Area under the curve


Confidence intervals


Centro de Investigación Biomédica en Red de Epidemiología y Salud Pública


Directly observed treatment


Intravenous drugs use


Negative predictive value


Odds ratio


TB - Programa Integrado de Investigación en Tuberculosis


Positive predictive value


Receiver operating characteristics


Sociedad Española de Neumología y Cirugía Torácica




World Health Organization.


  1. 1.

    Frieden TR, Teklehaimanot A, Chideya S, Farmer P, Kim JY, Raviglione MC: A road map to control malaria, tuberculosis, and human immunodeficiency Virus/AIDS. Arch Intern Med. 2009, 169 (18): 1650-1652. Available in:

    PubMed  Article  Google Scholar 

  2. 2.

    Kochi A, Bumgarner R, Spinaci S, Kumaresan J, Raviglioni M, Hanson C: What is DOTS? A guide to understanding the WHO-recommended tuberculosis control strategy know as DOTs. 1999, Ginebra: World Health Organization

    Google Scholar 

  3. 3.

    The Stop TB Strategy: Building on and enhancing DOTS to meetthe TB-related Millennium Development Goals. 2006, Genova: World Health Organization

    Google Scholar 

  4. 4.

    Juan G, Lloret T, Pérez C, López P, Navarro R, Ramón M, Cortijo J, Morcillo EJ: Directly observed treatment for tuberculosis in pharmacies compared with self-administered therapy in Spain. Int J Tuberc Lung Dis. 2006, 10 (2): 215-221.

    PubMed  CAS  Google Scholar 

  5. 5.

    Snyder DC, Chin DP: Cost-effectiveness analysis of directly observed therapy for patients with tuberculosis at low risk for treatment default. Am J Respir Crit Care Med. 1999, 160: 582-586.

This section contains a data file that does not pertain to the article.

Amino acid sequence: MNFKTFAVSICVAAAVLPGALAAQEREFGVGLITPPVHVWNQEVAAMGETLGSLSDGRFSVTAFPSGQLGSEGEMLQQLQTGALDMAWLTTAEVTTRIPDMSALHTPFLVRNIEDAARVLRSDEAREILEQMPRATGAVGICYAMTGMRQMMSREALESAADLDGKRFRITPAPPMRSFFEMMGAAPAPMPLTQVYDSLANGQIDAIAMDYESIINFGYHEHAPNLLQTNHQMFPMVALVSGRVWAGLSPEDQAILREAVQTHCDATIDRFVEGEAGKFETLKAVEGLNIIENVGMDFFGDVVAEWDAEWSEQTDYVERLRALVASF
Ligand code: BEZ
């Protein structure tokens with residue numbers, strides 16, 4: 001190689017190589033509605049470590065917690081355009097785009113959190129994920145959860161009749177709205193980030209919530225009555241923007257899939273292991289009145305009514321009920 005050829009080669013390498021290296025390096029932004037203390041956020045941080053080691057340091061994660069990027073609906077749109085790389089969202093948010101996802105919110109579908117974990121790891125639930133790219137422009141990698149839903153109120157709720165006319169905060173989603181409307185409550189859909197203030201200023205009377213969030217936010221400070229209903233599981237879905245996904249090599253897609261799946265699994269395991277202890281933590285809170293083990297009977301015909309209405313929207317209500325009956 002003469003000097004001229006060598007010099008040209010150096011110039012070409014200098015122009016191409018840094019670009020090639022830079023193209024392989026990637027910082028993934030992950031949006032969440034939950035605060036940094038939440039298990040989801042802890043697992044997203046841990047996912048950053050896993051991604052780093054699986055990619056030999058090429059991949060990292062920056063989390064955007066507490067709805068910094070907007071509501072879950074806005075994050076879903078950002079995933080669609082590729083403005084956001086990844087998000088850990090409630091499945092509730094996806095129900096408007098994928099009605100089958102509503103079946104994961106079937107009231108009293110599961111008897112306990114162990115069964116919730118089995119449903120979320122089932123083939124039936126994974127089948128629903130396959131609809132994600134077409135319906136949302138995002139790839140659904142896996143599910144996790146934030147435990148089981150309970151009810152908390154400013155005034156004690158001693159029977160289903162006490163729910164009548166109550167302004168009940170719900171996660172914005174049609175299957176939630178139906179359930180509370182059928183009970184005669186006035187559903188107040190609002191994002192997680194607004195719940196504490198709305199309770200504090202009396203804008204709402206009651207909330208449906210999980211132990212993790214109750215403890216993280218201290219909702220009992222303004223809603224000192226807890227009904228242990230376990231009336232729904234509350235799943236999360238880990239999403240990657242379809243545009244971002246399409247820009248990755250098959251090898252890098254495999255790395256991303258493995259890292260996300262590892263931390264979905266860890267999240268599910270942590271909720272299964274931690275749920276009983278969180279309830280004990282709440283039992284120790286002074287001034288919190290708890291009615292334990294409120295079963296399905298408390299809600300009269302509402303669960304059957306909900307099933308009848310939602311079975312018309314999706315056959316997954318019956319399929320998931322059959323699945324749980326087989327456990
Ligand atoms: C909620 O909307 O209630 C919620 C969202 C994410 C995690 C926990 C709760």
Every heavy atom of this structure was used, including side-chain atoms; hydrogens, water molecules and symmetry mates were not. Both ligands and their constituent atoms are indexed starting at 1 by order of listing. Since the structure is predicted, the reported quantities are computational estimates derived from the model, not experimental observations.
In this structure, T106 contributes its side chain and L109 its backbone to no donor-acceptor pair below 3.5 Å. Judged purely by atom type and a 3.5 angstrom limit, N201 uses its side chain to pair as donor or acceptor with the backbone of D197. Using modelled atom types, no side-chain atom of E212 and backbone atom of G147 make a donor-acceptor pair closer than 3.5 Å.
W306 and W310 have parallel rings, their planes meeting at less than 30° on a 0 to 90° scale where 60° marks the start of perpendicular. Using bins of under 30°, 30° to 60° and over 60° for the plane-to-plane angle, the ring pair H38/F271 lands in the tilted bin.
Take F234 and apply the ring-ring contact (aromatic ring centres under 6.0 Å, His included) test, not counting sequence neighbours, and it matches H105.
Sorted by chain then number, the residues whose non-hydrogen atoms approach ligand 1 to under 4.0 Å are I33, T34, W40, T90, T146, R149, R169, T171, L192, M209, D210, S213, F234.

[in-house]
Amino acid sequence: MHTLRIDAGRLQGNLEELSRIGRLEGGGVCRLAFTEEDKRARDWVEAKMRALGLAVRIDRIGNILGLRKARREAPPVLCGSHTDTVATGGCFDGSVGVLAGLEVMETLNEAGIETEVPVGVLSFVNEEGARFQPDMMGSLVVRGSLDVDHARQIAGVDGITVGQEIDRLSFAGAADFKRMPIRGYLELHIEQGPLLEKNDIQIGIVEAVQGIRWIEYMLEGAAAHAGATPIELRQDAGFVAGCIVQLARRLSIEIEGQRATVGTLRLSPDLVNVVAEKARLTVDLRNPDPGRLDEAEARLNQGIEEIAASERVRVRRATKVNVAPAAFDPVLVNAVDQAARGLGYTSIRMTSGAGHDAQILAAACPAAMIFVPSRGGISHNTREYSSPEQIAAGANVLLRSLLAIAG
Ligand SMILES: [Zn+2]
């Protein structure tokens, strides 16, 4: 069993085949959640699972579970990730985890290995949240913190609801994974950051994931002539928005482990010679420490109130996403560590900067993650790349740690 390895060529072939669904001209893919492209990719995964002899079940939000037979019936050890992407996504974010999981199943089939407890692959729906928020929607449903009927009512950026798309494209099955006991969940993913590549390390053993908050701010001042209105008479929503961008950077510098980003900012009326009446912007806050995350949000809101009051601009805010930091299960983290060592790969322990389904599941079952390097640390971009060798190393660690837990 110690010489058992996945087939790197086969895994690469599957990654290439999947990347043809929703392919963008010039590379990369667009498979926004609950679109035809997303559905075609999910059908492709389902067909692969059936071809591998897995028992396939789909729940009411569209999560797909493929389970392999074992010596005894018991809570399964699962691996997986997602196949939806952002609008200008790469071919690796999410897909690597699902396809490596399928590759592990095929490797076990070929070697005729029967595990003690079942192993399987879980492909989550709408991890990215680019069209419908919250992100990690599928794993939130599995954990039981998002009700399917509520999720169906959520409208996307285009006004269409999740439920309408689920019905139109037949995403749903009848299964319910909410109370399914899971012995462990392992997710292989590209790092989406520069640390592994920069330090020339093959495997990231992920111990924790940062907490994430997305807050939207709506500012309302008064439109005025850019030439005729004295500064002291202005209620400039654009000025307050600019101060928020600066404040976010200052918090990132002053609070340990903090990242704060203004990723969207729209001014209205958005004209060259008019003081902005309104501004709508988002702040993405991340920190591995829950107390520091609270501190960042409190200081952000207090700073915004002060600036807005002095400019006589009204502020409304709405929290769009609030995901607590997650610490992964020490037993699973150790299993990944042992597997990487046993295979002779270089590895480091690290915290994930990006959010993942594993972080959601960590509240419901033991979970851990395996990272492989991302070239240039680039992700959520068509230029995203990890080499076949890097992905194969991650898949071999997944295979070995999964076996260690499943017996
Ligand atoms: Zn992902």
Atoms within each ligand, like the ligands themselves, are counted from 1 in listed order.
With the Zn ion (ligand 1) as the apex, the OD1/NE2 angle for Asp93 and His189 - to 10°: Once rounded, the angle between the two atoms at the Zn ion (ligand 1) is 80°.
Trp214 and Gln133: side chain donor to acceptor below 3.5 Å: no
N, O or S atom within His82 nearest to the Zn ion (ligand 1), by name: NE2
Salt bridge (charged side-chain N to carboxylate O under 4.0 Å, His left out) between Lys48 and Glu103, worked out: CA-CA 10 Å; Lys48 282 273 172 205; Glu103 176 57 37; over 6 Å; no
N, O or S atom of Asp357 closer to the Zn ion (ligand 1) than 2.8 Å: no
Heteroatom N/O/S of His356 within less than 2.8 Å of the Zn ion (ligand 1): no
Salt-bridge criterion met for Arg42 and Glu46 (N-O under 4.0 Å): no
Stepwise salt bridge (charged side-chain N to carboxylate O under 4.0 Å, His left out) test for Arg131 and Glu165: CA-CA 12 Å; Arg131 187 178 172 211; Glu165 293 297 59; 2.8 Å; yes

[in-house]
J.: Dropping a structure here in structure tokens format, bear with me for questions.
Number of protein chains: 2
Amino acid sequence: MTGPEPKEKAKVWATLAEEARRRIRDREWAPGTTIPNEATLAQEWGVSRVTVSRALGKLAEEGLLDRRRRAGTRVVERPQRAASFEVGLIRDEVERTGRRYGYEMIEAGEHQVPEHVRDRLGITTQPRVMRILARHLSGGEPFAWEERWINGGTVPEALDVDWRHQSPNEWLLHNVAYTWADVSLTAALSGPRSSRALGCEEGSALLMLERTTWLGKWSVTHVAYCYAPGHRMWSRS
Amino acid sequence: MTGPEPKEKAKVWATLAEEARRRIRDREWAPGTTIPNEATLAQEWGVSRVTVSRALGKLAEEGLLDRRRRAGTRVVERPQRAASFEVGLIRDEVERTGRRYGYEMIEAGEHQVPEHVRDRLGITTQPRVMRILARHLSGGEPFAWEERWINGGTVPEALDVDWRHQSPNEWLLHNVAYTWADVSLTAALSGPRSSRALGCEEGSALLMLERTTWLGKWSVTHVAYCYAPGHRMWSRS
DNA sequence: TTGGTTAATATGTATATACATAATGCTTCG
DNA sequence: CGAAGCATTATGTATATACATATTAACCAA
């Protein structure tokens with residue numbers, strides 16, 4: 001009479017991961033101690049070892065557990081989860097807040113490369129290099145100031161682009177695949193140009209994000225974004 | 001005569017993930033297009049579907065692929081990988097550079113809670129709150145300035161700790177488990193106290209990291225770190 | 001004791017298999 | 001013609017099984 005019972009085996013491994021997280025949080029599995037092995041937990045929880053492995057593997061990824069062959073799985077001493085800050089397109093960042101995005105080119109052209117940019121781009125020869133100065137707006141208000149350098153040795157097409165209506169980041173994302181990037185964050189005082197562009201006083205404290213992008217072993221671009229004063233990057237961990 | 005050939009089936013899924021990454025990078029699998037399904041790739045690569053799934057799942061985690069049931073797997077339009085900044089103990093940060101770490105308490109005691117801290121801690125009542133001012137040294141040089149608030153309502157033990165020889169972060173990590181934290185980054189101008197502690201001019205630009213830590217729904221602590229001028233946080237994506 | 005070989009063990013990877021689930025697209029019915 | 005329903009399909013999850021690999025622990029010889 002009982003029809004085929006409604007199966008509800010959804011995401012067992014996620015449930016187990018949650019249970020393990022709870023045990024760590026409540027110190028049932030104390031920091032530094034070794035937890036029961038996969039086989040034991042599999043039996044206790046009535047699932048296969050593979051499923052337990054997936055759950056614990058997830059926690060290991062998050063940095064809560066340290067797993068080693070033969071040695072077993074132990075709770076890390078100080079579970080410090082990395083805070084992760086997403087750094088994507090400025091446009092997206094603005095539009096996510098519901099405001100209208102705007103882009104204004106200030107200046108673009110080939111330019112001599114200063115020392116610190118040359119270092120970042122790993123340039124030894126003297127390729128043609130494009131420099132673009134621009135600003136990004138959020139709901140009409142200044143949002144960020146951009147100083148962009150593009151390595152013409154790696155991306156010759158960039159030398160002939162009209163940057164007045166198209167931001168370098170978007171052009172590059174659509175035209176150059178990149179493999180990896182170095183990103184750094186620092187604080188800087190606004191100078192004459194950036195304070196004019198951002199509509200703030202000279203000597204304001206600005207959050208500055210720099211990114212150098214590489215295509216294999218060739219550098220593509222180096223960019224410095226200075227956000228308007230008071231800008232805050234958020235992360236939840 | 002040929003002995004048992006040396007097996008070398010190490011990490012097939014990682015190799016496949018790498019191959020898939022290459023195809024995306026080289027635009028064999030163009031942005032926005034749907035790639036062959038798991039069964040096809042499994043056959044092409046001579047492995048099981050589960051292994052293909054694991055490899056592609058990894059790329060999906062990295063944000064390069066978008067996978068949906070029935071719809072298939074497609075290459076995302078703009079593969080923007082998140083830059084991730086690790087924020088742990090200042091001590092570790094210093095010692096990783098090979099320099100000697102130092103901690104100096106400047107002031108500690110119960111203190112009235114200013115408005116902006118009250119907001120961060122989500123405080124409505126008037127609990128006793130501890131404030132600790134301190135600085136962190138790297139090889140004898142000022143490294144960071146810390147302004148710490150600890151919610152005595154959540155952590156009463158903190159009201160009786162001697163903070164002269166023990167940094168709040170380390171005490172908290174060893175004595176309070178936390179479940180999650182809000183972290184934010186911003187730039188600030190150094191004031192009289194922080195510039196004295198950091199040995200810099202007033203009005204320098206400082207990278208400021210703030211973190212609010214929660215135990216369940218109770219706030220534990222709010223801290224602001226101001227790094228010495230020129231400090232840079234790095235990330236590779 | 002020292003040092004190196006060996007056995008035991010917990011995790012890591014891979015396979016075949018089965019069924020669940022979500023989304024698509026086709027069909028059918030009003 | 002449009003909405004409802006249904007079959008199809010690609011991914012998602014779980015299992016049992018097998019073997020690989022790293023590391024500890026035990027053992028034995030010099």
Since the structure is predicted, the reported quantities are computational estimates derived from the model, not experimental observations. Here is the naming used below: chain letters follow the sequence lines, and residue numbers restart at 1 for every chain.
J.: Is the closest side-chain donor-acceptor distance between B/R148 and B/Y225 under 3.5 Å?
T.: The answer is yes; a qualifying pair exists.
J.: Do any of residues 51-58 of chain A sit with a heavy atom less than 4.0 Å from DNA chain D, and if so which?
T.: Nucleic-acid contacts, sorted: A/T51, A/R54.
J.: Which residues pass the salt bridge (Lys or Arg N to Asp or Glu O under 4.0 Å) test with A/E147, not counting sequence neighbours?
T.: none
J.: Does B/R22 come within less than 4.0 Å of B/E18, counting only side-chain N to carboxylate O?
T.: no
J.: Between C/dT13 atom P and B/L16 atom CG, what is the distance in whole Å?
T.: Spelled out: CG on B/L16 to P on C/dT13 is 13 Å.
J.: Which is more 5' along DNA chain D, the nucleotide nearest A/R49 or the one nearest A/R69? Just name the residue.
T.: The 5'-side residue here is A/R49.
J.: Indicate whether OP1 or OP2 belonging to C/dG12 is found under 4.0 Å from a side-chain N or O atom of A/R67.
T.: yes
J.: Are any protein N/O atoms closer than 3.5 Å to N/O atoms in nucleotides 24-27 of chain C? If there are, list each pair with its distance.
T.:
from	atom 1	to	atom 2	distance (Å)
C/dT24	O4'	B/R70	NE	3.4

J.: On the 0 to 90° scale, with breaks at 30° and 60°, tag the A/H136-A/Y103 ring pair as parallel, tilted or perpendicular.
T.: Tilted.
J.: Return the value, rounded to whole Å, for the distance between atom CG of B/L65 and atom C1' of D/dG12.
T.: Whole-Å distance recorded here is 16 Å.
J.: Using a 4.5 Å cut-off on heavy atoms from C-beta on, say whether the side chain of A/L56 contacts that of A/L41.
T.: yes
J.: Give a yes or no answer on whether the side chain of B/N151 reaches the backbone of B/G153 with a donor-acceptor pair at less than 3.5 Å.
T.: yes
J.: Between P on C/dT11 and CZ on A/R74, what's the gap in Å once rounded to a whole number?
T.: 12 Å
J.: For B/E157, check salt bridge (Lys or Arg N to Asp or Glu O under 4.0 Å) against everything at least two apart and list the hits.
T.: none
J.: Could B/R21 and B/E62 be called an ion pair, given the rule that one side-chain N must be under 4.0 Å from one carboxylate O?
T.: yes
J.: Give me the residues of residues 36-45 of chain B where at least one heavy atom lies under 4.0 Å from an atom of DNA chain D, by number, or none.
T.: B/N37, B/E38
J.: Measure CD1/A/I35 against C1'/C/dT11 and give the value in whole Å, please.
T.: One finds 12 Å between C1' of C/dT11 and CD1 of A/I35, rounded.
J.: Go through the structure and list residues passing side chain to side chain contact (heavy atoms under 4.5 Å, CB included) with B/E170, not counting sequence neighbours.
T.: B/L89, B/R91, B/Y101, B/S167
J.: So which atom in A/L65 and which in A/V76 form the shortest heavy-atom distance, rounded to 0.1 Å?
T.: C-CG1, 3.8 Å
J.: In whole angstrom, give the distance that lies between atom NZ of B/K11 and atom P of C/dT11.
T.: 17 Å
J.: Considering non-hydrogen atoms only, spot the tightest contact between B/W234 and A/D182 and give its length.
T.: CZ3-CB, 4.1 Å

PubMed  CAS  Article  Google Scholar 

  6. 6.

    D’Agostino RB, Vasan RS, Pencina MJ, Wolf PA, Cobain M, Masaro JM, Kannel WB: General cardiovascular risk profile for use in primary care: the Framingham heart study. Circulation. 2008, 117: 743-753.

    PubMed  Article  Google Scholar 

  7. 7.

    Zachariah R, Harries AD, Srinath S, Ram S, Viney K, Singogo E, Lal P, Mendoza-Ticona A, Sreenivas A, Aung NW, Sharath BN, Kanyerere H, van Soelen N, Kirui N, Ali E, Hinderaker SG, Bissell K, Enarson DA, Edginton ME: Language in tuberculosis services: can we change to patient-centred terminology and stop the paradigm of blaming the patients?. Int J Tuberc Lung Dis. 2012, 16 (6): 714-717.

    PubMed  CAS  Article  Google Scholar 

  8. 8.

    van Hest NAH, Ködmön C, Verver S, Erkens CGM, Straetemans M, Manissero D, de Vries G: Tuberculosis treatment outcome monitoring in European Union countries: systematic review. ERJ Express. 2012, 10.1183/09031936.00030612.

    Google Scholar 

  9. 9.

    Griner PF, Mayewski RJ, Mushlin AI, Greenland P: Selection and interpretation of diagnostic test and procedures: principles and applications. Ann Intern Med. 1981, 94 (part2): 553-600.

    Google Scholar 

  10. 10.

    Stevenson M, Nunes T, Sánchez J, Thornton R: EpiR: Functions for analysing epidemiological data. R package version 0.9-27. 2010, Available in: Accessed 2012 May 20.

    Google Scholar 

  11. 11.

    Jakubowiak WM, Bogorodskaya EM, Borisov SE, Danilova ID, Kourbatova EV: Risk factors associated with default among new pulmonary TB patients and social support in six Russian regions. Int J Tuberc Lung Dis. 2007, 11 (1): 46-53.

    PubMed  CAS  Google Scholar 

  12. 12.

    Finlay A, Lancaster J, Holtz TH, Weyer K, Miranda A, van der Walt M: Patient- and provider-level risk factors associated with default from tuberculosis treatment, South Africa, 2002: a case–control study. BMC Publ Health. 2012, 12: 56-

    Article  Google Scholar 

  13. 13.

    da Silva Garrido M, Penna ML, Perez-Porcuna TM, Brito de Souza A, da Silva Marreiro L, Albuquerque BC, Martínez-Espinosa FE, Bührer-Sékula S: Factors associated with tuberculosis treatment default in an endemic area of the brazilian amazon: a Case Control-Study. PLoS One. 2012, 7 (6): e39134-

    Article  Google Scholar 

  14. 14.